Star Trek: Deep Space Nine – Season 6, Episode 13 – “Far Beyond the Stars” – The Ongoing Struggle For Justice and Equality

Ds9 Far Beyond the Stars

      “Far Beyond the Stars” is a masterpiece on so many levels and an episode where the trials and struggles of the 1960’s reveal themselves to sadly be just as true today. We are so far from the world of “Deep Space Nine” in not just our television but our science fiction books too, even if things have improved in some ways. This is an episode that has such a powerful point with some of the best writing and acting to come out of this series. The fact that Avery Brooks (Captain Sisko) was also the director also lends more power to it when you look how focused on justice so much of Avery Brooks’s passion has gone towards post “Star Trek: Deep Space Nine.” On a final note before I get into the details, it is also a very meta and philosophical episode of Trek.

      “Far Beyond the Stars” was as stated above, directed by Avery Brooks with the teleplay by Ira Steven Behr and Hans Beimler with story by Marc Scott Zicree.

     The story begins with Captain Sisko’s Father Joseph Sisko visiting the station as Ben is rethinking what difference he is actually making, as his friend died in a routine patrol of the Cardassian Border and the Dominion War looks as if it has no sign of ending. His father tells him he should think on it as he begins seeing people from the 1960’s before he is transported into the world of Benny, an African American Science Fiction Writer during the 1960’s where his story unfolds and realities keep colliding as they try to find out what’s going on “Deep Space Nine” as he faces the reality of the past in the life of Benny.

The Pros: Benny’s World – I love that they set in the 60’s and unlike the “Mad Men” version of the 60’s we get to see the lives of the middle class, the poor and people who aren’t of European descent. The world doesn’t pull any punches with every character being flawed and discrimination being widespread and enforced by the law. I’ll get into more of the details when I explore the characters though.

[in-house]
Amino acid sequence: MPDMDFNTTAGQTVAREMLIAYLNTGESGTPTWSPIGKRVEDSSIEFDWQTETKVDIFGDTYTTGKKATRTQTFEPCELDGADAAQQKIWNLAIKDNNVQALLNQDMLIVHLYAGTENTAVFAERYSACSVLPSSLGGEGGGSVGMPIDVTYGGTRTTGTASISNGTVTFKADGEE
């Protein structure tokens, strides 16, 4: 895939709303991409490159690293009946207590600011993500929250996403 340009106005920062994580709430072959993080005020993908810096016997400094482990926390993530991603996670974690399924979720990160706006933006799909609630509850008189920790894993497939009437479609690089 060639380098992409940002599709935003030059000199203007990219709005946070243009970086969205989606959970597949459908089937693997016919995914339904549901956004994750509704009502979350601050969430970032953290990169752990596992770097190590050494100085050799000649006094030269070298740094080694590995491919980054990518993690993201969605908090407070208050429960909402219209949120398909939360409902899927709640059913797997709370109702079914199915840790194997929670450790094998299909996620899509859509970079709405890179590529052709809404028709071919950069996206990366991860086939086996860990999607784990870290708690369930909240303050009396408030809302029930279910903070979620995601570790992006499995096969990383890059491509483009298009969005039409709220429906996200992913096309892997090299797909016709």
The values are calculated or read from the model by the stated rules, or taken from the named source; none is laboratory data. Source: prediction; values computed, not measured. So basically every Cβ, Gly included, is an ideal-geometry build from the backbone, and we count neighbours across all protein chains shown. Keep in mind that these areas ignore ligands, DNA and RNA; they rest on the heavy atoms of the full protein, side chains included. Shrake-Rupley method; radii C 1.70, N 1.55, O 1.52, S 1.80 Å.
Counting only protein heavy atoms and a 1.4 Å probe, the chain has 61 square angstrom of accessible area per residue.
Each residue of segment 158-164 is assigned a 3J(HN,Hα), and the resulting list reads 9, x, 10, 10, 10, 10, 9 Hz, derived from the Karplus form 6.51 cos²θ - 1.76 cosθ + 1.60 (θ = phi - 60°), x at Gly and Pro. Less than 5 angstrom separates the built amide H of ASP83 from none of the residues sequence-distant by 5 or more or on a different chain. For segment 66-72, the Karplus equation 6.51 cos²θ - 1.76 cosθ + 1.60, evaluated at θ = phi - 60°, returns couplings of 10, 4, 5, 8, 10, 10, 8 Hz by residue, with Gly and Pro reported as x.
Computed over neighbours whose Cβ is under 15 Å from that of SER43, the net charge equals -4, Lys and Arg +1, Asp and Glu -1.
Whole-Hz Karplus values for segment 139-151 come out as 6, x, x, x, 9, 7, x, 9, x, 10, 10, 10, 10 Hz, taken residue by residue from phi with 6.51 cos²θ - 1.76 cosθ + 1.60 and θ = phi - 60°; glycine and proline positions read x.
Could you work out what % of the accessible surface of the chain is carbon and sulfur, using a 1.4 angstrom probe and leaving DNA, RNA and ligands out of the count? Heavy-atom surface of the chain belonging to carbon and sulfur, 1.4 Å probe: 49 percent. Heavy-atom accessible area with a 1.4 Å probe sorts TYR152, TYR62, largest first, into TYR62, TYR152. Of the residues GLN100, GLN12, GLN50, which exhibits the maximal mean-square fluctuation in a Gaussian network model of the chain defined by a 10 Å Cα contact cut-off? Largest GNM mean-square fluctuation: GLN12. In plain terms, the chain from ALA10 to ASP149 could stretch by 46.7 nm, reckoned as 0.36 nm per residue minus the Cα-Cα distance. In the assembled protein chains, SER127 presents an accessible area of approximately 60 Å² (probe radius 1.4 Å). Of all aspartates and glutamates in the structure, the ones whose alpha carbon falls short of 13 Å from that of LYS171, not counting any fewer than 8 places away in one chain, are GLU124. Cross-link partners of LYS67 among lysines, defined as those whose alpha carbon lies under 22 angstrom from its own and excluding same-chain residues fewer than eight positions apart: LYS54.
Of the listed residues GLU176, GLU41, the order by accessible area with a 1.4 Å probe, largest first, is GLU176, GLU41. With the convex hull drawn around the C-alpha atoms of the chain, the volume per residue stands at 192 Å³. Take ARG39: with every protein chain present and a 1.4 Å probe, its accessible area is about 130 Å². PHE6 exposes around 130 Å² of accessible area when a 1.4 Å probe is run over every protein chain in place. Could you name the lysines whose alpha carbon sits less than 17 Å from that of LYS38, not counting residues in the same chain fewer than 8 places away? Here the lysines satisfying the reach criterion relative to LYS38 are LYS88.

The Soundtrack – There is so much great jazz in this episode and so often the episode knows when to be silent, it isn’t standard recycled music and that really made the episode just that much stronger in the presentation and story.

The Characters – I’m only referring to the characters of Benny’s world in this instance since the only people really explored in Captain Sisko’s time are himself and his father. The characters of Benny’s world (played by the same actors who make salutes to their counterparts in personality and actions) are wonderful. They are distinct while still having the inspiration of “Deep Space Nine” (or vise versa as I’ll go into later).

Willie Hawkins – Michael Dorn plays the baseball player who shows us that it doesn’t matter if you are star athlete, housing ordinances are still just that and even though some whites want to see you play they don’t want you around (most housing ordinances weren’t ended until the 90’s and 80’s even). His way of dealing with it is flirting with everyone. His character is very confident and it’s fun to see. He knows he’s a star and Dorn does it very well.

Jimmy – Jimmy is a young African-american guy and friends with Benny and a bit of a hustler. The day he gets the opportunity for wealth the detectives Burt and Kevin murder him. They say it was for breaking into a car but based of their reaction of beating up Benny for even asking questions I sincerely doubt that. R.I.P. Jimmy. Sad thing is this still happens today. This scene is given more power given the actor plays Jake Sisko…Benjamin Sisko’s son in the series as a whole.

Cassie – Played by the actress who plays Captain Sisko’s wife Kasidy she is great in this as the woman who accepts discrimination (and Willie’s creeping) and wants to build a life that she feels is practical with Benny. To this end she’s working at owning the restaurant she works at and trying to get Benny to see it too. She’s super supportive of him and his writing though and takes care of him after the cops beat him up.